A naturalist’s must-see destination: San Francisco Bay

San Francisco Bay © 2004 Matthew Trump

Image via Wikipedia

I thought it might be interesting to take some time each week over the next few months to get to know a particular body of water in different regions of the world. For today I am starting off with the San Francisco Bay.

The San Francisco Bay is an extraordinary place that has undergone changes just as big as the state of California itself. The Bay is rather shallow at an average of 18 feet deep. Surprisingly, the watershed for the Bay is just about 40% of the state of California!

San Francisco Bay, Suisan Bay, San Pablo Bay and the Sacramento-Joaquin Delta are the connected inlets that we call the San Francisco Bay waterway, a true urban estuary, with the freshwater coming from the Sacramento and San Joaquin rivers. I think this Bay is particularly interesting since it is a tectonic estuary and has been formed by the movement of the San Andreas fault.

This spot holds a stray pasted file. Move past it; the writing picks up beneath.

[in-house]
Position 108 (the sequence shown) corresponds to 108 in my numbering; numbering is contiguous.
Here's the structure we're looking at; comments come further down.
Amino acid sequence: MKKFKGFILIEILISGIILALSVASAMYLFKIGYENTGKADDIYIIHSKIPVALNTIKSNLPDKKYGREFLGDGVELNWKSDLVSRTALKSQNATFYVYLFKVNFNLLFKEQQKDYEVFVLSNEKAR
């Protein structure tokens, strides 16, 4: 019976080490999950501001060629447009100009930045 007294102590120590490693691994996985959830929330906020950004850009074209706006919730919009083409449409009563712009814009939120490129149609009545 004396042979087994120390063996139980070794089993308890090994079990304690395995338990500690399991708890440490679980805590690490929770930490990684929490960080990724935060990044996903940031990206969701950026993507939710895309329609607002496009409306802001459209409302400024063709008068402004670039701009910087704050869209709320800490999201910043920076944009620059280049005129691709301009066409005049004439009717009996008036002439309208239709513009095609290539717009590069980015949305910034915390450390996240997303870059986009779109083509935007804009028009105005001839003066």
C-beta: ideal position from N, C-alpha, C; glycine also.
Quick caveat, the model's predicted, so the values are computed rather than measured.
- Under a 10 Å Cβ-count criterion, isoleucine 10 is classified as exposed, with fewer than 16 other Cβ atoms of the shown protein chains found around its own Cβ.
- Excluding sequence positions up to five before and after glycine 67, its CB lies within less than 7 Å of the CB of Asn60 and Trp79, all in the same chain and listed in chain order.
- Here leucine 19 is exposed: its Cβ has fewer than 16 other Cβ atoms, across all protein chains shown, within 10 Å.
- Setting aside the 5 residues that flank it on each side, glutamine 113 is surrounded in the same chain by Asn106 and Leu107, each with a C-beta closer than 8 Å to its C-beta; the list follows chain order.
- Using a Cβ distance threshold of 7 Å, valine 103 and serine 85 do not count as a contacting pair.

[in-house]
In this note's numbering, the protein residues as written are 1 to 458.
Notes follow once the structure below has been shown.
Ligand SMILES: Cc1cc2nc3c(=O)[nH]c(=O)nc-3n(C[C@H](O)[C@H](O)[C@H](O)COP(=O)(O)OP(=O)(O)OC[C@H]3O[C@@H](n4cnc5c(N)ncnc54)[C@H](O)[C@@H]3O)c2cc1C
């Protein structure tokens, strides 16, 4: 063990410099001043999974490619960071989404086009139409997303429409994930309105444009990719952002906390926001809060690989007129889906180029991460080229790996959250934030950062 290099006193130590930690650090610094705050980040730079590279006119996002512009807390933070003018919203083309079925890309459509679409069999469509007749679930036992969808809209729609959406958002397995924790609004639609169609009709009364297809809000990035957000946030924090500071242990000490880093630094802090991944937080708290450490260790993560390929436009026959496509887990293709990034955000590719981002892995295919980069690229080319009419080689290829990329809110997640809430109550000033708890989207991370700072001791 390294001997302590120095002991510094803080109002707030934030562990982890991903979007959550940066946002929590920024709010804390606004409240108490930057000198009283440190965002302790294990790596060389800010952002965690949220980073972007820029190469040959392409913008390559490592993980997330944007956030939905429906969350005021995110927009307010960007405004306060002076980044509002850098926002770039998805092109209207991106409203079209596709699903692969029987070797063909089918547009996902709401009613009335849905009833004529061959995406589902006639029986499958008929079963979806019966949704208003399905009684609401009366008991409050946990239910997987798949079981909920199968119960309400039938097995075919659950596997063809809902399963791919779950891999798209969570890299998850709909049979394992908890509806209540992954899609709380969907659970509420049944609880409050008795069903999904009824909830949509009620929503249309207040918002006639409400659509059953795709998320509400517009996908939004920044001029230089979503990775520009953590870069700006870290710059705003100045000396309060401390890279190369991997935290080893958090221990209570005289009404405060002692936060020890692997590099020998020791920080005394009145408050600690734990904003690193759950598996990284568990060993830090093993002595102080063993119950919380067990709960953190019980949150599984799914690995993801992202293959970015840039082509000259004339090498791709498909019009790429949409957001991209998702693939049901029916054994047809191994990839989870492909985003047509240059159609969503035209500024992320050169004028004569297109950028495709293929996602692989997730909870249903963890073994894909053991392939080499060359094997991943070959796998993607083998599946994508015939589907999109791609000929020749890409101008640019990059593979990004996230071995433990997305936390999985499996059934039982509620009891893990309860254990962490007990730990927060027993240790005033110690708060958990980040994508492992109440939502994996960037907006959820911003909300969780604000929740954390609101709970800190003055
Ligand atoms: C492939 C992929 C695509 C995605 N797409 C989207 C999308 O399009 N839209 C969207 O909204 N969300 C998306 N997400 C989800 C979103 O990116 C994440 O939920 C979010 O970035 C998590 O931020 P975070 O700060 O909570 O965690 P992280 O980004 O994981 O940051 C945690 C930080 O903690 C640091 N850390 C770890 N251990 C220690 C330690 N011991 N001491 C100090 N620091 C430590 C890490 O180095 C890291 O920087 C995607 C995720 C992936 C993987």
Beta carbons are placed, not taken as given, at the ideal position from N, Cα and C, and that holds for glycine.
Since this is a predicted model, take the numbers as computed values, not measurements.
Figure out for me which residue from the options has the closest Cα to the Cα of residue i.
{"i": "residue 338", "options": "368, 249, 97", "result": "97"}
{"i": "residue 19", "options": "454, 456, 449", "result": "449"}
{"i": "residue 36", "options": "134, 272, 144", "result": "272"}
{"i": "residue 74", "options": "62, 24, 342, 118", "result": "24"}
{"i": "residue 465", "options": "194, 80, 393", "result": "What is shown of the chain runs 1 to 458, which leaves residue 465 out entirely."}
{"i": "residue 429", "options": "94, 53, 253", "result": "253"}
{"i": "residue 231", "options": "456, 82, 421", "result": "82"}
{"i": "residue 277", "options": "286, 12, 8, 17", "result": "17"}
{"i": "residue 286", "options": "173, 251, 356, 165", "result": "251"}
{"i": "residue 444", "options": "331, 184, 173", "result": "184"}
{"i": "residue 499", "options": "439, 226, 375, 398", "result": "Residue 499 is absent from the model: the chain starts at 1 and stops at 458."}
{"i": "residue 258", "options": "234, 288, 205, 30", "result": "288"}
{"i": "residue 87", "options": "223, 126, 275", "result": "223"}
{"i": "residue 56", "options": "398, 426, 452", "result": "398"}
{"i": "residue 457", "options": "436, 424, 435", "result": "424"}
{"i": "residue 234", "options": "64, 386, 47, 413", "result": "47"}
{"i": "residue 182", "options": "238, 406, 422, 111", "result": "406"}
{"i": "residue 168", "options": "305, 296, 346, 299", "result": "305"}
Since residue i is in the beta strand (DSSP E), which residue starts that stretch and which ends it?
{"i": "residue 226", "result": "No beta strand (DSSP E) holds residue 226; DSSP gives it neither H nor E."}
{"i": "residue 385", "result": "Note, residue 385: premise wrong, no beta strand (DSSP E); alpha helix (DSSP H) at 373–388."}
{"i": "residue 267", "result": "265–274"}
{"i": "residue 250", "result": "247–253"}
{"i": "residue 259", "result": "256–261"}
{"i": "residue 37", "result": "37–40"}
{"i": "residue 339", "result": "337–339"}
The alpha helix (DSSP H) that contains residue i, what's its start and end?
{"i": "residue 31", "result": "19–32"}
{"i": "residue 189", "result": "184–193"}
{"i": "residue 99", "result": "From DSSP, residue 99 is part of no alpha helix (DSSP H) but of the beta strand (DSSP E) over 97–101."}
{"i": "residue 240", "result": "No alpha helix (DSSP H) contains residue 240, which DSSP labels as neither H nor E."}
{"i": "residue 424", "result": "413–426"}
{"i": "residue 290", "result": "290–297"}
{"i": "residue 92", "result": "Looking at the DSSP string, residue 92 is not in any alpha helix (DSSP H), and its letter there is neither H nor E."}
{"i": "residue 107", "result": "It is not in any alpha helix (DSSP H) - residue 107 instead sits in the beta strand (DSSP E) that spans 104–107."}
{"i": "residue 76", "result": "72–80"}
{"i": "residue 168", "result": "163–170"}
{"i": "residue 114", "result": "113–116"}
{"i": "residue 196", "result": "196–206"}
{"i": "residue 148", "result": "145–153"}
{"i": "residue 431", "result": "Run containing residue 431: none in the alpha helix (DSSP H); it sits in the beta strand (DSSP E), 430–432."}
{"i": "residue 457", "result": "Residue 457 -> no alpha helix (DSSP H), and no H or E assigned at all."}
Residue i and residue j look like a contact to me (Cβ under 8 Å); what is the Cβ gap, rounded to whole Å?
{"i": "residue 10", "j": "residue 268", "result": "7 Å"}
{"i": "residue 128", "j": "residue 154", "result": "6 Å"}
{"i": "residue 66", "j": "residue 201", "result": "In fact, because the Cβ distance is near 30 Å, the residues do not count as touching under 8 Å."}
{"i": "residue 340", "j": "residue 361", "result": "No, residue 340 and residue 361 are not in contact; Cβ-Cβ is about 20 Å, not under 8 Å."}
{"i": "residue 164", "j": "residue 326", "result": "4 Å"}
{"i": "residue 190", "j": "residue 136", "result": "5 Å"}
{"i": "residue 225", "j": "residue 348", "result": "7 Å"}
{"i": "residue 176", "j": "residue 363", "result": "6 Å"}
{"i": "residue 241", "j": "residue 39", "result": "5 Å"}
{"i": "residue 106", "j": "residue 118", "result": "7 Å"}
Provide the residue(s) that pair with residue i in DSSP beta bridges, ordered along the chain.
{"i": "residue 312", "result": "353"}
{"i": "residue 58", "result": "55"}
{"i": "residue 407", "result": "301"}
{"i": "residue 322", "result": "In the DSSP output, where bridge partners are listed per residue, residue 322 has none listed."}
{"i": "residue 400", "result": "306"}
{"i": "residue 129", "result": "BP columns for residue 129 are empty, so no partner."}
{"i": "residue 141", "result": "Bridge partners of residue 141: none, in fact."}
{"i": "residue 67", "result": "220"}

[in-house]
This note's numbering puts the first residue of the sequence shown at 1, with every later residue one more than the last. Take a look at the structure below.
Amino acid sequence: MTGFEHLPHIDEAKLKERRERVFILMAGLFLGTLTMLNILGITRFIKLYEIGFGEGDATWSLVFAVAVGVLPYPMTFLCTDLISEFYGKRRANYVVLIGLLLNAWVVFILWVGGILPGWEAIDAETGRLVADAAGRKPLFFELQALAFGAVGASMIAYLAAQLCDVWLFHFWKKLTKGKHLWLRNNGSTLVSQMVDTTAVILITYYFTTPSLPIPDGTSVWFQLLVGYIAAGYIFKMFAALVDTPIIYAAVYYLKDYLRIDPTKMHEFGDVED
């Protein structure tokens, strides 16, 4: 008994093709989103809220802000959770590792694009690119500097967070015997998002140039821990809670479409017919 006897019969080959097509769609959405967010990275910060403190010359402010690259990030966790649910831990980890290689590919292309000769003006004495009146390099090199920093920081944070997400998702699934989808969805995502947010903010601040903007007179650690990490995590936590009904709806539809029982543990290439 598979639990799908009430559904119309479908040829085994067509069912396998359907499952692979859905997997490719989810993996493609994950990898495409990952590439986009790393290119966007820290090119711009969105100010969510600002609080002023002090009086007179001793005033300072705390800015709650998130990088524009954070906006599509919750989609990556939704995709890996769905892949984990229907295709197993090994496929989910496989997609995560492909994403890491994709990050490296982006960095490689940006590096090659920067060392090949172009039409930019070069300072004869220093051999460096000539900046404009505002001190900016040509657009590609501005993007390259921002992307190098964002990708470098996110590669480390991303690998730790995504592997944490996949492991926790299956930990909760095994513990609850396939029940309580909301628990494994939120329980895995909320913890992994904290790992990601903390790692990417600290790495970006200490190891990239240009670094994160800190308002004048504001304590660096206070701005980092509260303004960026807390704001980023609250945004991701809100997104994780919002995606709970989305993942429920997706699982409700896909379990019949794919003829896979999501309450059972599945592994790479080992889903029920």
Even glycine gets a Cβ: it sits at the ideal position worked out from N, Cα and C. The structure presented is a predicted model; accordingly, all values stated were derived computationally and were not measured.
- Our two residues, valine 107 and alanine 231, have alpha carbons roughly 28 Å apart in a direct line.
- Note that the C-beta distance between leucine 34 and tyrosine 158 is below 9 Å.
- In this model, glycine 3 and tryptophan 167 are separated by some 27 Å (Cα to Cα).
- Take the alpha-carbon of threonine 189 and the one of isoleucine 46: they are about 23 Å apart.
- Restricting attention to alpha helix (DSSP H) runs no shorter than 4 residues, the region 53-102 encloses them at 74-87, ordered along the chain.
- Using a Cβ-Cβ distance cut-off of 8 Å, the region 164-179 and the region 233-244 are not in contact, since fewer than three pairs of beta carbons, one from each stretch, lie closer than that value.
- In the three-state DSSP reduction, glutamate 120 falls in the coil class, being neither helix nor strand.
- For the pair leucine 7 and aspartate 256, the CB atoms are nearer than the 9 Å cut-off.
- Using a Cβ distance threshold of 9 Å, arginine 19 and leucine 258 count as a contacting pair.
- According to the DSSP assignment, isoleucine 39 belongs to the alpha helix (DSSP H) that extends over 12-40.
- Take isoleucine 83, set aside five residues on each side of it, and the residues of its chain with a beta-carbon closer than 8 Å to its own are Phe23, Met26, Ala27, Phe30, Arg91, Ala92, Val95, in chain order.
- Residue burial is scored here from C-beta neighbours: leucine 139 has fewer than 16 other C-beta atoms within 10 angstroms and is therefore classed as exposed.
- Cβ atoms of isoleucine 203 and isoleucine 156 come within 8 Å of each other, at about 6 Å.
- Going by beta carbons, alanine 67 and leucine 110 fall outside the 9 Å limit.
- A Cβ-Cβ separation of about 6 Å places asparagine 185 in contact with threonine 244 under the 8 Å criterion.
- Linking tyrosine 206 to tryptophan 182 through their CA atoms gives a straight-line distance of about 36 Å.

Over recent years (since the time of the Gold Rush when humans really began to alter the landscape of the Bay), the Bay has seen a reduction in over 85% of its marshland. With the diversion of freshwater from north of the Bay (where most of the state’s freshwater is located) to below the Bay (where most of the state’s people are located) the Bay has seen a balance shift affecting many of its natural systems. For more information about how to Save the Bay visit the Save the Bay San Francisco. They have been working to restore the balance of humans and nature in the Bay since 1961.